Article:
Five years ago I was a guest lecturer at UNC-Chapel Hill.  My anthro-laden topic was “territoriality” in the land use context.  This past month, researchers in Uganda’s Kibale National Park published a paper stating “Tom Terrell was right.”  Well . . . not in those specific terms, but close enough for me to exclaim “See!?!”

            Technology’s increasing control over our lives became absurdly comical last year when, for the first time in 52 years, I became obsessed with the length of my thumb nails, the only “tools” I had for pressing the keys on my new blackberry.

             But a day doesn’t pass when I’m not experiencing another new – and

Cities and counties operate within a confusing matrix of state and federal statutes and regulations.  But when it comes to laws affecting land, another set of “immutable” laws comes into play.

             You can call them the laws of “that’s-just-the-way-it-is” or the laws of nature.  But since I’m the one who has codified them, I call

            From the earliest years of the 1900s to World War II, American cities spent increasing percentages of their annual budgets accommodating automobiles on street systems designed for horses, carriages and pedestrians.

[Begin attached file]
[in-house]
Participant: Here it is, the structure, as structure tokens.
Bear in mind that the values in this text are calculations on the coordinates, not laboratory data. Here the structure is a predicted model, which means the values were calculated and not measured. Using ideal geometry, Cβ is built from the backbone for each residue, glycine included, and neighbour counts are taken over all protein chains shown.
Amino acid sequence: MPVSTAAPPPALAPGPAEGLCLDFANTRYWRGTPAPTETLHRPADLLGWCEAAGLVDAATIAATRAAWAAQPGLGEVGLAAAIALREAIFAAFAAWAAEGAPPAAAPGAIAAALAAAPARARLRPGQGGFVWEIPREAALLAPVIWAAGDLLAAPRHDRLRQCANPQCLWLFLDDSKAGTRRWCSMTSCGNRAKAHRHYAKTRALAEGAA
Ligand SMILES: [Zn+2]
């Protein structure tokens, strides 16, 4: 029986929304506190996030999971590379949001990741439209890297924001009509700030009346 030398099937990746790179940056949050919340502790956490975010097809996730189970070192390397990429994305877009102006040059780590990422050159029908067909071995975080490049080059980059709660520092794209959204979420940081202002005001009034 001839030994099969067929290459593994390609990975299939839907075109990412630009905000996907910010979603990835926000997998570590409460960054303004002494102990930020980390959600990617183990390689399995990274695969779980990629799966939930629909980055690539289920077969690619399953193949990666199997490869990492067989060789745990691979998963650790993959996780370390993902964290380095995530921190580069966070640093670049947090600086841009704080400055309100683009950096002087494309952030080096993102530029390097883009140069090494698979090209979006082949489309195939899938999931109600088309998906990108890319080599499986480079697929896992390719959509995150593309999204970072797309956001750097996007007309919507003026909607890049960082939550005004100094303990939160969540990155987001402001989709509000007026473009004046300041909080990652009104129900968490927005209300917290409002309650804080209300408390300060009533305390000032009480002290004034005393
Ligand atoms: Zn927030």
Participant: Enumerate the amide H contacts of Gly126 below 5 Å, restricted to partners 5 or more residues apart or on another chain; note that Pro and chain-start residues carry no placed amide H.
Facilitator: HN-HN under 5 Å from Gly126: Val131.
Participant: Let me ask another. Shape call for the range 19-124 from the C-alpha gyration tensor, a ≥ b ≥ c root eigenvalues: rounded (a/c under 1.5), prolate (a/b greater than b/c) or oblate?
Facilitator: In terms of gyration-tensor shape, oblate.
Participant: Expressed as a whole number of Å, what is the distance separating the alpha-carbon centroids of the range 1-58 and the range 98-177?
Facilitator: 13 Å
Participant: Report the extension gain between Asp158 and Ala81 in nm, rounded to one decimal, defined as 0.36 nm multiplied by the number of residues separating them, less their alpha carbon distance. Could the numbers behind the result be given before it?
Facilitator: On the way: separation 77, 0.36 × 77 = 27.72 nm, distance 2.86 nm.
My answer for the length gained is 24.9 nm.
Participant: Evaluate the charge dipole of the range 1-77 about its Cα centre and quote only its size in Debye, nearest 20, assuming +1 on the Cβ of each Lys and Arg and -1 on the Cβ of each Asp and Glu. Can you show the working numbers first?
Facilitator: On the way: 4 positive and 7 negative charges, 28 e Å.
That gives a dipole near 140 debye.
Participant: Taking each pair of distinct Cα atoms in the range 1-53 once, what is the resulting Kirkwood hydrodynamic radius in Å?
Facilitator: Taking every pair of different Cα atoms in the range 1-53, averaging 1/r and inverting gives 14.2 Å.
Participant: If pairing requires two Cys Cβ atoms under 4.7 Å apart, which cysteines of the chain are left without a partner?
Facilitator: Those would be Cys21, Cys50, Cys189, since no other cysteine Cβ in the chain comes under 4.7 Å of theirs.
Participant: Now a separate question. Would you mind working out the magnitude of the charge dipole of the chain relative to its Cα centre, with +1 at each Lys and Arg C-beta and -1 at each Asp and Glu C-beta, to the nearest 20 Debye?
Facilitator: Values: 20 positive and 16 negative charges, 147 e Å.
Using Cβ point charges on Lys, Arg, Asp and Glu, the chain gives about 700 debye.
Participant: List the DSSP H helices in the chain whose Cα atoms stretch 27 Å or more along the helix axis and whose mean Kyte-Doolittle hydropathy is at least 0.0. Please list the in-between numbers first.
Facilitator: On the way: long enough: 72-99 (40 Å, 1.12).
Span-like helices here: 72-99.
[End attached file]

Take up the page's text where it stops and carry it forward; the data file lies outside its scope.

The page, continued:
When the war was over, our infatuation with cars and cheap gas led us to build more and more highways to connect us with

            Earlier this week I wrote about ethics laws affecting local governing boards.  On Friday I was in Raleigh where the News & Observer ran the front page banner headline “51 Charges for Former Easley Aide.”       

             I met Easley aide Ruffin Poole briefly only once.  I have dealt with him on three or four matters over

For six months I’ve posted regular commentary on North Carolina’s economy and its evolving laws and developments related to local government, zoning, general land use and the environment.

             Today I’d like to talk about . . . God.

             Follow me here.  There’s a segue.

             Cecil Bothwell was sworn in last month as a new Asheville

The lead article in yesterday’s Charlotte Observer was interesting news.  The headline read “Charlotte homes sales rebound.”

Today’s High Point Enterprise had a similar lead article: “High Point home sales show large increase for October.”

Home sales were up 20% in Charlotte and 22% in High Point.  But the story behind the story is that

Yesterday and today CNN and Fox News commentators milked two gubernatorial and one congressional race into a pundits’ dream contest for reading the political tea leaves of 2010.  They all looked at the same numbers but saw different versions of the future.

History’s lesson, though, is that this is mere entertainment.  The events that will